“The Two-Edged Sword”
Writer: Chris Claremont
Pencils: Alan Davis
Inks: Paul Neary
Colours: John A. Wilcox
Letters: Tom Orzechowski
Editor: Terry Kavanagh
Original publication date: June 1989
In this episode, Anna, Mav, and Andrew are joined by monster hunter/lover Dr. Sam Langsdale (@s_langsdale), co-editor of Monstrous Women in Comics, to talk a little quantum mechanics and a whole lotta Meggan in Excalibur #9: “The Two-Edged Sword.” Topics include the gendered qualities of monstrousness, the subversive charge of ugliness, the particular power of shapeshifting, and when & why monsters are crush-worthy. Also, we trash Aristotle, and Anna makes a solid gold pitch for a Kurt/Meggan story that she’d definitely write into a fanfic if she wasn’t spending all her spare time on this podcast.
This episode has an enhanced video version! Watch here:
On teenage first impressions:
“Oh my god, you killed Lockheed—you bastards. That was very traumatic and *not okay.*”-Mav
(Spoiler: Lockheed is not actually dead, don’t worry!)
On our affection for teen Kitty:
“It was so satisfying to see Kitty as sassy, assertive teenager, who’s also *dressed* as a typical teen.” -Sam
“This is her Danger Room. She’s sitting there, at her computer, in charge, chewing bubble gum. For me, that is the definitive Kitty Pryde.”-Mav
On the appeal of alternate universe stories:
“In superhero stories, you have these superpowered beings, who should be able to win every fight. But you also really want that scrappy, underdog story. AU’s where the bad guys win allows you to continue that paradox.” -Sam
On the science of alternate universes:
“Alan Moore’s development of the multiverse wasn’t based on science fiction, it was based on science. This is the ‘many worlds’ interpretation. It’s well-established in quantum physics. There is a universe or timeline for every super-position an electron can occupy. Which means that right now, in one of those other multiverses, there’s a bunch of Nazi podcasters talking about an Excalibur story in which the Nazis didn’t win WWII.” -Andrew
On associations of women with monstrosity:
“Aristotle, Rousseau, Freud keep repeating these things about women being monstrous, derivative, fluid, chaotic, un-fixable, un-predictable, emotionally violent… Reading comics while reading Western philosophy was a Matrix moment for me, where all the ideas came together.” -Sam
On comics as a monstrous form:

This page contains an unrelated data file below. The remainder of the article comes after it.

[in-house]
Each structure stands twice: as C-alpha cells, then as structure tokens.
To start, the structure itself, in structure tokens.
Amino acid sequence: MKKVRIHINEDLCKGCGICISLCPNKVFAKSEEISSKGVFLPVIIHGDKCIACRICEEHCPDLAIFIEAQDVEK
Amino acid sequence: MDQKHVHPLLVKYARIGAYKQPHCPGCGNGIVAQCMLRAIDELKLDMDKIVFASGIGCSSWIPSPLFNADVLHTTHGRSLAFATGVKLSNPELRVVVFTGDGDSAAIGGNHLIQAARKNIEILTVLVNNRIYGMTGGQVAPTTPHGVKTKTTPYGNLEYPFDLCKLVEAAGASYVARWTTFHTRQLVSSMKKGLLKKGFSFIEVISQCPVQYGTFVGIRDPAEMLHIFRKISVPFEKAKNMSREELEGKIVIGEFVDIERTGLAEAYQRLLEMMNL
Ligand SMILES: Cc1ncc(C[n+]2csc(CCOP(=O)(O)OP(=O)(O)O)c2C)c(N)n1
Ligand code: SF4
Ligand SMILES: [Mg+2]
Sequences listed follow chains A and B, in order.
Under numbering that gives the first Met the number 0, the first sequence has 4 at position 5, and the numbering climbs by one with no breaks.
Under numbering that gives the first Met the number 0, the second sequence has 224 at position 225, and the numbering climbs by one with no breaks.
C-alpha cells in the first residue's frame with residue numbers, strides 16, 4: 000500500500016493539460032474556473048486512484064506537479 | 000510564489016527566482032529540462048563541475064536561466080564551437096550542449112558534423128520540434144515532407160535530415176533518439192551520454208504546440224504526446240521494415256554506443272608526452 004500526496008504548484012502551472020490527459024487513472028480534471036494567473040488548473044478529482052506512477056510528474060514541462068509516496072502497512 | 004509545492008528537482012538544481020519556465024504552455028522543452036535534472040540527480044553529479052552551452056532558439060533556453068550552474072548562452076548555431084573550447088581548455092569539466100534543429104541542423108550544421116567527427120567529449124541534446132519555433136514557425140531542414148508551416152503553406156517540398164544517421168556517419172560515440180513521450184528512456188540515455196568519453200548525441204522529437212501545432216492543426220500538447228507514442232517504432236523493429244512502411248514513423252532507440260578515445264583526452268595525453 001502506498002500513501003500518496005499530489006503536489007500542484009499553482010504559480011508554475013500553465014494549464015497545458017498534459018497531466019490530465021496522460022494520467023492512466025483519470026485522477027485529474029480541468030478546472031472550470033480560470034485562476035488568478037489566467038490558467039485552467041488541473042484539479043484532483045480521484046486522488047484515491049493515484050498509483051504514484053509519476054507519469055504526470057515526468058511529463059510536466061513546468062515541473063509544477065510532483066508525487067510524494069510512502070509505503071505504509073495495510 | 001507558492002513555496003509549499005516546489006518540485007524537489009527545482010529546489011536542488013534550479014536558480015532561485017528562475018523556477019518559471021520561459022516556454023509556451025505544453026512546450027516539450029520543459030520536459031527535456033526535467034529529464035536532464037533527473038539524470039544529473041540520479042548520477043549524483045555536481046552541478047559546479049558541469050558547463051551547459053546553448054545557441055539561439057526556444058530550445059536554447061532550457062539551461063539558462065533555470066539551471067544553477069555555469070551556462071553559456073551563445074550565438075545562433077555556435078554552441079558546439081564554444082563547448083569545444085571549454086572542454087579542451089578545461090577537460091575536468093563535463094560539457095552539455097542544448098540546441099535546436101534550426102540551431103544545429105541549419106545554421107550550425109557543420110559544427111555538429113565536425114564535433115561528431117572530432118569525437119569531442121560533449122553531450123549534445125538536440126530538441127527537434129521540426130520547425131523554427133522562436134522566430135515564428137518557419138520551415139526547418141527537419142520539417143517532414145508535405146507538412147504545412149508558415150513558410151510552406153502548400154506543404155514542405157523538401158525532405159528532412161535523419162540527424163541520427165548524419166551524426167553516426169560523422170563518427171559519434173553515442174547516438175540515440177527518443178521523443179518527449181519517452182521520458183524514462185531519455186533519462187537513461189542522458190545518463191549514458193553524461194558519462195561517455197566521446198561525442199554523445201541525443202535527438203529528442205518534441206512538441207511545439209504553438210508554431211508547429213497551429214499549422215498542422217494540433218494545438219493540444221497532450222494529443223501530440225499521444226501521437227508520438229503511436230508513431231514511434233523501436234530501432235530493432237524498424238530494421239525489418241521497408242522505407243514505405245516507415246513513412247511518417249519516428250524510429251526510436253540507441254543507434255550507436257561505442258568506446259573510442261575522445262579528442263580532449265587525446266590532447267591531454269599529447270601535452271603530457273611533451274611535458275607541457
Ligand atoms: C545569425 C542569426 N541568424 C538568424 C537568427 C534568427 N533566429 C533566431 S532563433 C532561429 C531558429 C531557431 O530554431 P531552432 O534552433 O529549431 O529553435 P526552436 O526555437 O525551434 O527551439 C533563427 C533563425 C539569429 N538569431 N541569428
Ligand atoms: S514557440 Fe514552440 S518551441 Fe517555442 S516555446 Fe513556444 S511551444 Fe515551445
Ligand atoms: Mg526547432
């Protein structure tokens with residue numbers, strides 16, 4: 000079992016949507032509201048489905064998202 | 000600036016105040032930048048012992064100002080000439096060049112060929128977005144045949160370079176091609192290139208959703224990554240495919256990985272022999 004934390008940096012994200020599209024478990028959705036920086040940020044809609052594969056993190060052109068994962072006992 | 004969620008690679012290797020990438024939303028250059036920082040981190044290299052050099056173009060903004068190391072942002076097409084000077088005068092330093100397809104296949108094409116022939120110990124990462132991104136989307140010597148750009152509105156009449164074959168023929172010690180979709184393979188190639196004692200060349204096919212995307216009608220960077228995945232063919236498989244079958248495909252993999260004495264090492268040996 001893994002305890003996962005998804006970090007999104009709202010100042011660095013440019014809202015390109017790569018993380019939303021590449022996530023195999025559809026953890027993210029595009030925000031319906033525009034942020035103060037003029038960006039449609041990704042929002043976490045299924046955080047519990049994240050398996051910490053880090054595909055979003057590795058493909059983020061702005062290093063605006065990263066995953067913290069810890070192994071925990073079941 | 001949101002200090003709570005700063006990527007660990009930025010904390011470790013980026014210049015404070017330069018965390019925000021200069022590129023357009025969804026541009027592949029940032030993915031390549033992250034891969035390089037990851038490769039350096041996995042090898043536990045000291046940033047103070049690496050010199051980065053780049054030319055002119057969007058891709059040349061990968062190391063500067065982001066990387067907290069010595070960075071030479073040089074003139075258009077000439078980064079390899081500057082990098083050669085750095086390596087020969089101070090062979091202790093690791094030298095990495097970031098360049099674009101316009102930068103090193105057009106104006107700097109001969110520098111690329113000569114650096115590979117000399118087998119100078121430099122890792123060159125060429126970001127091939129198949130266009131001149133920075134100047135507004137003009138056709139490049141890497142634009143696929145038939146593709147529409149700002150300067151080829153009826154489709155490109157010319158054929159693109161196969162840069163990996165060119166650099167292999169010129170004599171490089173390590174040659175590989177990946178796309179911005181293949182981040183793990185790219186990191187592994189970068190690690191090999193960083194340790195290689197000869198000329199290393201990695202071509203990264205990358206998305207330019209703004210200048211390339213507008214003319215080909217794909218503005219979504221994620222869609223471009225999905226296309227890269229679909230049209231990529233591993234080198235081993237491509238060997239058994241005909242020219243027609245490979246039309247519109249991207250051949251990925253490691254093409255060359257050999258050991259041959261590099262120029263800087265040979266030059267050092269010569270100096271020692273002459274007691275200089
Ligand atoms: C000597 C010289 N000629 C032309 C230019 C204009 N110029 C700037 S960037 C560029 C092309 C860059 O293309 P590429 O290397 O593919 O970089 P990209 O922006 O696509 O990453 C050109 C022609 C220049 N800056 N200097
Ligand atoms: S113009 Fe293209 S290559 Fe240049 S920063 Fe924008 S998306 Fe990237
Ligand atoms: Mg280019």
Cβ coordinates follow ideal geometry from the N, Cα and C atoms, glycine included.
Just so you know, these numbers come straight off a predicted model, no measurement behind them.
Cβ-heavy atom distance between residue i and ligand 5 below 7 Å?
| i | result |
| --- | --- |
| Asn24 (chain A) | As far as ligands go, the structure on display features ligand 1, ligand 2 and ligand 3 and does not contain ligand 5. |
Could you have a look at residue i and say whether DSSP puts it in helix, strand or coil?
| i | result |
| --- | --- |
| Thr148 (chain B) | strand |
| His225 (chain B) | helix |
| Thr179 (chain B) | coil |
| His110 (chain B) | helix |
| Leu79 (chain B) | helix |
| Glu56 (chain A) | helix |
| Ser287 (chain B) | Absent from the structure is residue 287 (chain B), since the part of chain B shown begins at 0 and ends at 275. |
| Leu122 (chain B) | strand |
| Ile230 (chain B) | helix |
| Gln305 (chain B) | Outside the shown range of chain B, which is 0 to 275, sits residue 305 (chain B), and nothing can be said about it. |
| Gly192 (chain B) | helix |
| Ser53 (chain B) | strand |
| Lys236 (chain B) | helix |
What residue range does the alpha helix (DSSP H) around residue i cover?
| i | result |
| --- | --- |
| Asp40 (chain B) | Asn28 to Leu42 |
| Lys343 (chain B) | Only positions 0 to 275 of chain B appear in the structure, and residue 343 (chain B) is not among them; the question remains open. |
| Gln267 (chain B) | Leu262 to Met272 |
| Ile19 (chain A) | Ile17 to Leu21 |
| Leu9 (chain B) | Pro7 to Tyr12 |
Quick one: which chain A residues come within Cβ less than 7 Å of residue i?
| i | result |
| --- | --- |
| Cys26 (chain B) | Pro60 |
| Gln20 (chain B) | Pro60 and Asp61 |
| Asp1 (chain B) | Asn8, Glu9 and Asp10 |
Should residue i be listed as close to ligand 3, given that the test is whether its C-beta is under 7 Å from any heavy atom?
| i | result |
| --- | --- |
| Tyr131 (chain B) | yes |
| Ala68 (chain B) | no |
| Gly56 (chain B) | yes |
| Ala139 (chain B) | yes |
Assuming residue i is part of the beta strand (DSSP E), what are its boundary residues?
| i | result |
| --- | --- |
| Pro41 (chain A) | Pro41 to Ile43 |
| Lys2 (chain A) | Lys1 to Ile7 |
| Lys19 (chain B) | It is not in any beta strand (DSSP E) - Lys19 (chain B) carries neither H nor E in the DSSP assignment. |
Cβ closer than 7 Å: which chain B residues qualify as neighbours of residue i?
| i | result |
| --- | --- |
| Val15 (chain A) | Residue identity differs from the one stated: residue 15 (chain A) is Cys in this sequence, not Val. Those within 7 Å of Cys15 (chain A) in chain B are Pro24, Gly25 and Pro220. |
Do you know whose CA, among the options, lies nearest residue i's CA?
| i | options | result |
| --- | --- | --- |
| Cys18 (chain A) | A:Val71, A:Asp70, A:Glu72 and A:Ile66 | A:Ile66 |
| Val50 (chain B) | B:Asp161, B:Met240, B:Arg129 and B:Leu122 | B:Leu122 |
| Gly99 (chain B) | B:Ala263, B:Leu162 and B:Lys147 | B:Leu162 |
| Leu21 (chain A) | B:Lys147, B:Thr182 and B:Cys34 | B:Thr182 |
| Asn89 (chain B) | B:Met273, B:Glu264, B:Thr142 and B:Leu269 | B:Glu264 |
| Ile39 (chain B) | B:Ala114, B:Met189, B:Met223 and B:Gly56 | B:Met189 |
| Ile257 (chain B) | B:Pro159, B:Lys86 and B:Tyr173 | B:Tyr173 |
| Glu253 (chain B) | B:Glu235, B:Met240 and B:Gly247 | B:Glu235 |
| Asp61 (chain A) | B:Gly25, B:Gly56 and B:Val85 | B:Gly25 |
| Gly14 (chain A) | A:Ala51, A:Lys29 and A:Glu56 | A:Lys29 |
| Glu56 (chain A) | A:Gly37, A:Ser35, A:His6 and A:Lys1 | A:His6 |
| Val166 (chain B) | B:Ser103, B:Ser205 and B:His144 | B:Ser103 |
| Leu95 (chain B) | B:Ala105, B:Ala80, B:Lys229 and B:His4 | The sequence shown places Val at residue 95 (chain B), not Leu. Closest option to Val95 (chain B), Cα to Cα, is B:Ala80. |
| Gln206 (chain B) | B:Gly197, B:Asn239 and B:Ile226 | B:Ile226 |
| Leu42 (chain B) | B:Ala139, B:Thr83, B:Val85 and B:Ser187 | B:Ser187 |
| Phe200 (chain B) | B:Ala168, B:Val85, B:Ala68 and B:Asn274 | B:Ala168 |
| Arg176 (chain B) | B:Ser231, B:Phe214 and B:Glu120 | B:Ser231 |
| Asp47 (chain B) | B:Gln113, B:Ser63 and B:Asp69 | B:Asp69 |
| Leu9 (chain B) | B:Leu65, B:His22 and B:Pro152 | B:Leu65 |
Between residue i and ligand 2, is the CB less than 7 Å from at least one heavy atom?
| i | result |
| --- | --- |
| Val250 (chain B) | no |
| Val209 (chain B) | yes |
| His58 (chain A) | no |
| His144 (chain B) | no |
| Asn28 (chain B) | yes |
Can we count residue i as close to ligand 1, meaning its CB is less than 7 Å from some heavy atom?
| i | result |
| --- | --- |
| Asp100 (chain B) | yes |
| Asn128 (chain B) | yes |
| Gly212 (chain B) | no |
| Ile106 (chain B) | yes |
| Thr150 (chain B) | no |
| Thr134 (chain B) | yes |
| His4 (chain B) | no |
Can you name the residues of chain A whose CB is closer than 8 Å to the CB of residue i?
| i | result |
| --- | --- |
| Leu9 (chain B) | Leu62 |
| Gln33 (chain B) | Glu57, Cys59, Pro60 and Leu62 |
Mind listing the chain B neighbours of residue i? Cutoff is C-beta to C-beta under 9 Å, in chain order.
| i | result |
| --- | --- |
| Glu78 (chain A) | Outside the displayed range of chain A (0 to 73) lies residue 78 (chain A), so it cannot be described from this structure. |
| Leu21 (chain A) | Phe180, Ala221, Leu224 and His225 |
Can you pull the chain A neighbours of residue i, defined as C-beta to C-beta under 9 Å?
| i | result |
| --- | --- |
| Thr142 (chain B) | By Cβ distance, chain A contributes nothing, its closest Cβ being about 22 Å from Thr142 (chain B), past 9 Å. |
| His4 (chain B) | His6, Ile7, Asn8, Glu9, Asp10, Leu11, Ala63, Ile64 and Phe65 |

“Scott Bukatman says comics themselves are little monstrosities, little utopias of chaos and disorder. Comics are an especially compelling home for monsters because of the slipperiness of the medium, which we’re always engaged in a monstrous project of trying to define.” -Sam
On the importance of bodies in superhero stories:
“Superhero comics are a ‘body genre.’ They encapsulate meaning in bodies. The design of bodies, the conflicts between bodies, the spectacle of bodies, is central to the meaning of these stories.”-Anna
“Superhero comics are about impossible bodies, that allow us to take an abstract problem—like hate—incarnate it, and have a physical being punch it.”-Mav
On the complex appeal of monsters:
“Monsters are never just indicative of our fears. They’re always also signaling our desires.”-Sam
On Making Kurt/Meggan work:
“I wished we’d seen the appeal Meggan must have for Kurt as a shapeshifter. Even though he’s learned to accept his difference, he’s always felt the burden of it. Meggan doesn’t need an image inducer to be slip between monstrosity and beauty.” -Anna (image from Age of X-Man: The Amazing Nightcrawler)
And also: the catchphrase is here again! And is still not explained...
If you enjoyed this ep’s discussion on monsters, you should definitely check out Sam’s anthology Monstrous Women in Comics, co-edited with Elizabeth Rae Coody, published of University Press of Mississippi. Sam also talks monstrous women in her chapter for Anna’s anthology, Supersex: Sexuality, Fantasy, and the Superhero, titled “Over the Rainbow Bridge: Female/Queer Sexuality in Marvel’s Thor Film Trilogy.”
Sam’s also on the organizing committee for the Realizing Resistance conference, focusing on the many manifestations of Star Wars across the known universe and beyond! Registration is open now for the online event, which will be held May 4-7, 2021.
Scott Bukatman (who we referenced a couple of times) has written many fabulous things, but his most recent book, of particular relevance to this discussion, is Hellboy’s World: Comics and Monsters at the Margins.
You can find a brief history of Sharon Ventura/She-Thing here, via The Comic Vault. Not *quite* how we described her story in the pod, but we were close!
And as usual:
You can find Andrew on Twitter (@ClaremontRun).